As we so sadly know from news reports, social media, and personal videos, these incidents are more common than many of us like to believe. Just last week, police in Huntington Park, California shot and killed a man wielding a large knife. The incident could have been justified as yet another lawful use of force by police, as in many cases, but in this case the man was fleeing from police on the stumps of his amputated legs.
The argument for the use of deadly force was the threat posed to officers by the large knife. Though that could be a legitimate risk to those men in blue, once again footage from witnesses shows a fleeing and scared suspect not posing a direct threat to those applying lethal force.
These heinous incidents do paint a rather bleak picture of law enforcement personnel that may reinforce self-hatred within police culture. Having worked with many officers in my profession, I can tell you that the vast majority are well-meaning individuals who chose a career in law enforcement to help their communities—“to protect and serve” rather than punish and dominate, as many think they do.
Nevertheless, they are human just like you and me, and regardless of their training, they are susceptible to making serious mistakes. Add to that the pressures of the job, seeing other humans doing awful things, and the overtime hours now rampant due to understaffed departments, and incidents like this become sadly predictable.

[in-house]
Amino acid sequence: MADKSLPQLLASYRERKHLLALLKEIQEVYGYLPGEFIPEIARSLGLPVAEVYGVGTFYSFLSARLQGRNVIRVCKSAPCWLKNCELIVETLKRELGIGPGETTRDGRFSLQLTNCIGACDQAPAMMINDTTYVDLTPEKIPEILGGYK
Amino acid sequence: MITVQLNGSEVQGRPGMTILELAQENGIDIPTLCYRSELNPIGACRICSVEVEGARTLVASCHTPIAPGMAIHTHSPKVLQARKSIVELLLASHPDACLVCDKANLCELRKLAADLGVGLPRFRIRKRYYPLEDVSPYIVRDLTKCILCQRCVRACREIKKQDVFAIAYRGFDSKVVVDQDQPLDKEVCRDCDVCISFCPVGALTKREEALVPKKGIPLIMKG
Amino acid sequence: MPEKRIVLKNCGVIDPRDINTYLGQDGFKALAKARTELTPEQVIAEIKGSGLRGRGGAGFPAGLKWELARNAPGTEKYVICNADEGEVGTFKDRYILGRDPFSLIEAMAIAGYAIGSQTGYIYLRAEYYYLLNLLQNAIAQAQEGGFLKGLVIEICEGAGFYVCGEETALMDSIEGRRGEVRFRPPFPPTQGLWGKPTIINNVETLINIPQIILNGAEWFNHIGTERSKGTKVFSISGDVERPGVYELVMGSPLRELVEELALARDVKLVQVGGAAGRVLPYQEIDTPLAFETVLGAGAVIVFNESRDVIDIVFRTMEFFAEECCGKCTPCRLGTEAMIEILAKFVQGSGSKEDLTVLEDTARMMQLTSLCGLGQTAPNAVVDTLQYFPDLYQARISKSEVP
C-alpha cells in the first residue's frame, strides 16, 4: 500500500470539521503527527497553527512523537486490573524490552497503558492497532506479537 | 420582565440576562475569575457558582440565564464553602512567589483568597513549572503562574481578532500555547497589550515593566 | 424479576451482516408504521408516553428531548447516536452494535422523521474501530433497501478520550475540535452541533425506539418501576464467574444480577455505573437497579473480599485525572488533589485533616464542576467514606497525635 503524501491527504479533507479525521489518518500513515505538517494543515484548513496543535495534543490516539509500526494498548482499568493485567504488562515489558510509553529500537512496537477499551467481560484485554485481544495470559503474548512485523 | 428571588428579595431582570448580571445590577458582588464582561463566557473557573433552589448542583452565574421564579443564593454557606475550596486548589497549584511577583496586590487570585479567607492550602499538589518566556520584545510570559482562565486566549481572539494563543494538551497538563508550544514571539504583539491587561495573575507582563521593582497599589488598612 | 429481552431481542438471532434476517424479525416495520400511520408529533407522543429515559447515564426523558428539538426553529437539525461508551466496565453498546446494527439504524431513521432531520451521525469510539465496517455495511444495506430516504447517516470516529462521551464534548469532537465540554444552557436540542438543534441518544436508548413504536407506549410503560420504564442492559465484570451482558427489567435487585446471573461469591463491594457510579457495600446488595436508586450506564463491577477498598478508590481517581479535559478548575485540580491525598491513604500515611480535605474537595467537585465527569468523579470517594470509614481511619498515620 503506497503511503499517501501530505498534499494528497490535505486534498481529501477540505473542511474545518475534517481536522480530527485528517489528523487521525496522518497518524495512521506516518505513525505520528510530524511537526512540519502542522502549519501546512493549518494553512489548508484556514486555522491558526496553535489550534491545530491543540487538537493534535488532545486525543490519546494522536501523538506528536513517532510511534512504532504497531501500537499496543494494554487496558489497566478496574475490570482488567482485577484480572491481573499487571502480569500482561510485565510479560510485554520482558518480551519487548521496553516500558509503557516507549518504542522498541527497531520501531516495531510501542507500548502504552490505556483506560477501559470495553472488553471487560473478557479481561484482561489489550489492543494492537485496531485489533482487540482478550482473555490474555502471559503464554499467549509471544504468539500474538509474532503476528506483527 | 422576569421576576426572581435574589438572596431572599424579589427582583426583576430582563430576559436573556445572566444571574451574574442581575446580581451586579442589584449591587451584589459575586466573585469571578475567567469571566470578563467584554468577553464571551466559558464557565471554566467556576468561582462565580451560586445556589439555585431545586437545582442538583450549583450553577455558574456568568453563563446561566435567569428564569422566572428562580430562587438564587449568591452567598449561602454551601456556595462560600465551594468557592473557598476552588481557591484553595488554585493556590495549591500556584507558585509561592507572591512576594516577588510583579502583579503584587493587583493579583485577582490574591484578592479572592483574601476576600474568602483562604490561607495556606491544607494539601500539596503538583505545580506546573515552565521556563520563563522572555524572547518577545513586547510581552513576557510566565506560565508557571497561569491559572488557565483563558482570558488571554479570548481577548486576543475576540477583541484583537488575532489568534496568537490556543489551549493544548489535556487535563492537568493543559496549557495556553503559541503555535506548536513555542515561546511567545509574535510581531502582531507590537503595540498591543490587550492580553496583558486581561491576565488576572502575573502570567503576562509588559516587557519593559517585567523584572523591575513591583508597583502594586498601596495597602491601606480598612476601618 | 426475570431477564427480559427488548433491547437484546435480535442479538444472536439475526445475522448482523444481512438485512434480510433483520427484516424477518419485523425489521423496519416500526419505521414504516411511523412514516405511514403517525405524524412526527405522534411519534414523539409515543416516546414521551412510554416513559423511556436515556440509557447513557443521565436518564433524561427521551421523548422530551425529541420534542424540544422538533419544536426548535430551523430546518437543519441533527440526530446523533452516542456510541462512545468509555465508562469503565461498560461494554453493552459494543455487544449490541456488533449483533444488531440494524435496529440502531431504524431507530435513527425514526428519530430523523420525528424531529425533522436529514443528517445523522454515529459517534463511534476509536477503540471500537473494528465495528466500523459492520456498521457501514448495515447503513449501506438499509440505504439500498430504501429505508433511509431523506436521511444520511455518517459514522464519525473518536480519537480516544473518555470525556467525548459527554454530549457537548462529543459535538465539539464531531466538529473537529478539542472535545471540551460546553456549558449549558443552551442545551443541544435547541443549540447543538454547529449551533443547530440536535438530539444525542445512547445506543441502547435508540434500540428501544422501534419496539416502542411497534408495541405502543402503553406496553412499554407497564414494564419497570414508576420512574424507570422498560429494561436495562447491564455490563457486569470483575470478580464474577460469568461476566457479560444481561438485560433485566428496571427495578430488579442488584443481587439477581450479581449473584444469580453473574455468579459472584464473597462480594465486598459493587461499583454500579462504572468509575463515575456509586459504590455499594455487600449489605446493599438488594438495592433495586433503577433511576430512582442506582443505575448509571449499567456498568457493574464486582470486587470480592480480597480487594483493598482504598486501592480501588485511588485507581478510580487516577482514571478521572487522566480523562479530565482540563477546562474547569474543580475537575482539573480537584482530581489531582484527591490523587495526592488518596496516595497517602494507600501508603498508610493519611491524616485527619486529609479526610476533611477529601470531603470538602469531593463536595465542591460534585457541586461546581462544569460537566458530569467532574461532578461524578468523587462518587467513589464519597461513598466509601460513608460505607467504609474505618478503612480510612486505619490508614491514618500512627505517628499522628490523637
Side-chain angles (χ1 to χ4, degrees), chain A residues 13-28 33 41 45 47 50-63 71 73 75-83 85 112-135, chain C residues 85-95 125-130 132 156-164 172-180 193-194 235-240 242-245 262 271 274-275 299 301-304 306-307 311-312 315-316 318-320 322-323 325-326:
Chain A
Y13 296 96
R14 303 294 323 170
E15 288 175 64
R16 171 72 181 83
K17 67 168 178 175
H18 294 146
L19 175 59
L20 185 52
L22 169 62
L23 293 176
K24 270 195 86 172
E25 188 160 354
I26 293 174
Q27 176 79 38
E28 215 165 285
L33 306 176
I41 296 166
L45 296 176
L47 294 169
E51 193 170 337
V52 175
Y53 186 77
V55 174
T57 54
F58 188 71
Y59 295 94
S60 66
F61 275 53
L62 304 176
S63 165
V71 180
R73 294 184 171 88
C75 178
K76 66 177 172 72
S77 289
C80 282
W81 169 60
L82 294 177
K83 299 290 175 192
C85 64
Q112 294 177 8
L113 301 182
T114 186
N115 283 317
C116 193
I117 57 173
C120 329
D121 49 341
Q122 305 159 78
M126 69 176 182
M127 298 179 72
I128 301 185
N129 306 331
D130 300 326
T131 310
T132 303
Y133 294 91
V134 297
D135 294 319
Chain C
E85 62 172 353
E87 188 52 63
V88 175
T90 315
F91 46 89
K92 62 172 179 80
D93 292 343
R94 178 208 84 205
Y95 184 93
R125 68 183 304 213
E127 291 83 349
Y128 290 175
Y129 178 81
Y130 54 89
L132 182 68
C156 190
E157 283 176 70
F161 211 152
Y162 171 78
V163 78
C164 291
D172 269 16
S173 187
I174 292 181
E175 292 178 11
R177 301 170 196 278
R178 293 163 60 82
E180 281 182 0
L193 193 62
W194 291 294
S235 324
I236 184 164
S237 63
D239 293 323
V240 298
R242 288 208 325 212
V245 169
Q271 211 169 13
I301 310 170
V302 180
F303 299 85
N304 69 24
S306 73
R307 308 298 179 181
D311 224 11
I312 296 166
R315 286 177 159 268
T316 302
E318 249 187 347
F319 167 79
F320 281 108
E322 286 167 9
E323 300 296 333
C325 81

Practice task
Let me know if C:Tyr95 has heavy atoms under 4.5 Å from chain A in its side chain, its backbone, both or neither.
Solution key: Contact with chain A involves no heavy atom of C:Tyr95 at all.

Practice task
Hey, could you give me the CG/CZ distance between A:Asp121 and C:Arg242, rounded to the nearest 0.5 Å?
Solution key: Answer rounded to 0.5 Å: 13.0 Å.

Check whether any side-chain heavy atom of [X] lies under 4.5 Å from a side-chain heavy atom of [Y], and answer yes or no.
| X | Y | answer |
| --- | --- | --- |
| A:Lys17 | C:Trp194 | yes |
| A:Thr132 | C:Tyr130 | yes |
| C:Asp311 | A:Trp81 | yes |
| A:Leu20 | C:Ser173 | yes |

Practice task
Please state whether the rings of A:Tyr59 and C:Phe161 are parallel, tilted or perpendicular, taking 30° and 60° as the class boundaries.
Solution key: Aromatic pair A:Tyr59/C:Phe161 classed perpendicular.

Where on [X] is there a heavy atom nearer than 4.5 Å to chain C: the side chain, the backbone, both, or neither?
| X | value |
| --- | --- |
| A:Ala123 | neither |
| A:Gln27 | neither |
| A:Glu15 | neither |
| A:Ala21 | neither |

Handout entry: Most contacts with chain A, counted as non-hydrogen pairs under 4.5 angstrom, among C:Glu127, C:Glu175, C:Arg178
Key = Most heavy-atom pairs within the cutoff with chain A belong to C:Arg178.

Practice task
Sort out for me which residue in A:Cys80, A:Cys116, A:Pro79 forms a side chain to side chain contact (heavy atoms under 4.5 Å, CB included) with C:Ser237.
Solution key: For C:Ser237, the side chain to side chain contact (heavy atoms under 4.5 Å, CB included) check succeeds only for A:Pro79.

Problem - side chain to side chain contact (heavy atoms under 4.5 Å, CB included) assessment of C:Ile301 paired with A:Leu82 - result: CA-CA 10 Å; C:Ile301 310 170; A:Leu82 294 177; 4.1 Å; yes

So how does society —and law enforcement in particular— address this?
In their recruitment processes, police departments should recognize the signs of self-hatred and take steps to address it. The same goes internally for those already working as officers.
Strategies for dealing with self-hatred in law enforcement include:
- Seeking out professional help, such as counseling or therapy
- Practicing self-care and self-compassion
- Developing healthy coping skills
- Connecting with supportive peers and mentors
- Learning to recognize and challenge negative thoughts
- Providing adequate training and resources
- Encouraging open communication and feedback
- Recognizing and rewarding positive behavior
- Establishing clear policies and procedures
- Creating a culture of respect and understanding
The macho ethos of the profession may balk at such solutions, but they have been proven effective. During the early portions of the global war on terror, methods for bolstering psychological fitness were applied to our most elite fighting forces to amazing effect. Not only did they become better at doing their jobs, but their off-duty lives also improved as well.
Understanding the problem and solving it are different things. One must precede the other. I hope police departments begin to understand this better, for both the officers out in the field and the civilians with whom they interact. Departments need to do a better job of vetting, training, and supporting officers, so that citizens may regain a healthy respect for those in uniform.
Dr. Lauro Amezcua-Patino is the clinical voice of The Only You (Solo Tú), a podcast dedicated to simplifying the complex issues of the mind and mental illness. Originally from Mexico, Dr. Amezcua-Patino has been practicing in the metropolitan Phoenix area for over 30 years. Twitter: @SuSaludMental